Tuesday, August 2, 2011

Let them Be


This was written for the point of view coloumn.

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I had always told myself that when I get older I am never going to spell the “g” word – generation gap or compare how it was when we were kids. I knew it sounded condescending and I hated when the adults uttered it, especially when the comparison was unfair. Yet, I found myself thinking on those adult lines.
I was meeting a group of ten-year-old girls, tweens as they are called now, as a part of an assignment. They all were smart, confident, chirpy and smiling. No trace of self-consciousness or inferiority complex and far too assured.
They knew exactly how they wanted to be captured on the camera with their dolls, designer bags, lips painted red, with a pout which would put Angelina Jolie to shame. All this at the age of 10.
I was amazed and aghast in turns to see the young adults/women, who are a representative of what the kids of today behave and think like. I had this terrible urge to take them by the shoulder and shake them and tell that “when I was your age....” Almost as soon as the thought popped in, I choked back on the words and of course the action. For once instead of rebuking the kids and dismissing them as vain, I tried to be fair - to their age and the times they are growing up in.
I know that girls of my age, when we were growing up, would have died to possess the adult hand bag or heels or apply nail paint. But, we weren't allowed to. “Act your age” was always dinned in to us. Plus add the fact that it wasn't exactly a consumerist era. No malls, no extravagant shopping trips; it wasn't a land of plenty then. So you grew up simply without frills and fancies – without any option.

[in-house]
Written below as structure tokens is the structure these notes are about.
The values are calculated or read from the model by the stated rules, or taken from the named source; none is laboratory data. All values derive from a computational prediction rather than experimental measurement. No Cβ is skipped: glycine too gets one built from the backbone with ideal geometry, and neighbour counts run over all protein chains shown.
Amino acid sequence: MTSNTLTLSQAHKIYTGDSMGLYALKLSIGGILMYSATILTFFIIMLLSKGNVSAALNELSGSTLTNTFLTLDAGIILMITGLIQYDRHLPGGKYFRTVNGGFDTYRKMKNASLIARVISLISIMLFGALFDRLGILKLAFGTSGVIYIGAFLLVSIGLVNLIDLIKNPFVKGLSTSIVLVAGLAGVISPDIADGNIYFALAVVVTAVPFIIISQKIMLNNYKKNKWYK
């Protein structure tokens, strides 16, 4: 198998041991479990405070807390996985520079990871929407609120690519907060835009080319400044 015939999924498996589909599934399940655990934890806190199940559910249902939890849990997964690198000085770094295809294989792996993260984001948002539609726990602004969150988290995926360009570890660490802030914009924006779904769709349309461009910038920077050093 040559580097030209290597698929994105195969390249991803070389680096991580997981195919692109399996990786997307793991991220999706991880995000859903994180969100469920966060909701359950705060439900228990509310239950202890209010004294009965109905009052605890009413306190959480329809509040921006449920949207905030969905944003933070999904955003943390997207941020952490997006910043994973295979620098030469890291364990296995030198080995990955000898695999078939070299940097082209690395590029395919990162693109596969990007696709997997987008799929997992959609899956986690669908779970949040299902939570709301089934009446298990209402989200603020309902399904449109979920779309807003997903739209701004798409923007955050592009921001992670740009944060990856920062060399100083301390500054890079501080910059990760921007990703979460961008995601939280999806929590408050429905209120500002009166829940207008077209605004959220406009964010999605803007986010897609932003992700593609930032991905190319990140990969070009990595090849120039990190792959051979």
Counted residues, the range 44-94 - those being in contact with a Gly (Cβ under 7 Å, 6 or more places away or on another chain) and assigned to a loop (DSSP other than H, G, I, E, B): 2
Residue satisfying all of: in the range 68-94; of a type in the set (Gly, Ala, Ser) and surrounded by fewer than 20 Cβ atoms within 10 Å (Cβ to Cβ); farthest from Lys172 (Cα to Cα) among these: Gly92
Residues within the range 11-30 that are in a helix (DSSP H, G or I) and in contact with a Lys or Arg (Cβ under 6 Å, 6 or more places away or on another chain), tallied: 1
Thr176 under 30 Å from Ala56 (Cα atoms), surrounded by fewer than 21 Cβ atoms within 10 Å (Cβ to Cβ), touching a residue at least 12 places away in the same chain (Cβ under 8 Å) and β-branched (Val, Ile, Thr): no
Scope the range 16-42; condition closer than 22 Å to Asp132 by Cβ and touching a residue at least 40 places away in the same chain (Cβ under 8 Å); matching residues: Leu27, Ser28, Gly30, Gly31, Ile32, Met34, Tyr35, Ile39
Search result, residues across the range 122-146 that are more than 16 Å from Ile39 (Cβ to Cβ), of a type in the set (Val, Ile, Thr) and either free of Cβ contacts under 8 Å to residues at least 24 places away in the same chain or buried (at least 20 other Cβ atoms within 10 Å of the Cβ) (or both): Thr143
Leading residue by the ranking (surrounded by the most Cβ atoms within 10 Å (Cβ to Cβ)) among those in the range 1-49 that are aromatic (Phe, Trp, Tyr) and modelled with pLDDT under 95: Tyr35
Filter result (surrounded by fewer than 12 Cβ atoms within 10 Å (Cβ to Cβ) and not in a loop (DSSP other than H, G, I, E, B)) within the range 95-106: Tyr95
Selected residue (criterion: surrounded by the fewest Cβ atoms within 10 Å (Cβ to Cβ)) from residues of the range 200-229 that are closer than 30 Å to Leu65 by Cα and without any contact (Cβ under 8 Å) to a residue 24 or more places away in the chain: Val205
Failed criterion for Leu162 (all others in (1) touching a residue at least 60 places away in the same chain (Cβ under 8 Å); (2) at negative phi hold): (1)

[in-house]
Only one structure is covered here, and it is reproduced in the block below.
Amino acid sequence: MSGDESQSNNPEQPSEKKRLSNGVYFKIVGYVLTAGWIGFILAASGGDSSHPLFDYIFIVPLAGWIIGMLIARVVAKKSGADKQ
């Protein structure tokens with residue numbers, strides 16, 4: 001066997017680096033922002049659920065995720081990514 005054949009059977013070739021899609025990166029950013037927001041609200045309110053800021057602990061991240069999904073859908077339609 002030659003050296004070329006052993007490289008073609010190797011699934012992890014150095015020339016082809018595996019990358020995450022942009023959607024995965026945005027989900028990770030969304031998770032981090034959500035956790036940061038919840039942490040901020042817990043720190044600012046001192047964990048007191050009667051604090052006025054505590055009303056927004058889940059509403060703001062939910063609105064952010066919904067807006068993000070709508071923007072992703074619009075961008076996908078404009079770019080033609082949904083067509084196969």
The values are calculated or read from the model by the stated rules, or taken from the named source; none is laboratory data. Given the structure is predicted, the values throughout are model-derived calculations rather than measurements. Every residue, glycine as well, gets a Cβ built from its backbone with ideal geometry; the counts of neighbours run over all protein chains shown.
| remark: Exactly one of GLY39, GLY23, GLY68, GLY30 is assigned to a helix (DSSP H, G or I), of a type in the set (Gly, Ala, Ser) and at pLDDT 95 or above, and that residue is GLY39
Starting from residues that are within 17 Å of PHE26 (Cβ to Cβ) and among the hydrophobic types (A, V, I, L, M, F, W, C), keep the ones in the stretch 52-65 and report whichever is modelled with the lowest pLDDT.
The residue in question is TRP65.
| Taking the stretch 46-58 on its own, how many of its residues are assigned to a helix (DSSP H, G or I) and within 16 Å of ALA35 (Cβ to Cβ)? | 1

Now that the malls and brands are coming to town can we shun them altogether? Can we disregard the abundance and raise the kids as they were in 70s and 80s? I don't think it would be wise. It's just not possible to go into a flashback mode.
A better idea would be to equip the kids with the effects of growing up too fast, to teach them the importance of money and to see beyond the trivialities of shopping in a mall. Let them grow without a stunted, myopic view of the two extremes: “I am celebrating my birthday at Pizza Hut” or “I don't celebrate my birthday. My mother says that we should always think of the poor, so we donate some money instead of a party.”
I would like to repeat the oft-heard catchphrase of the kids - “Let us be.”

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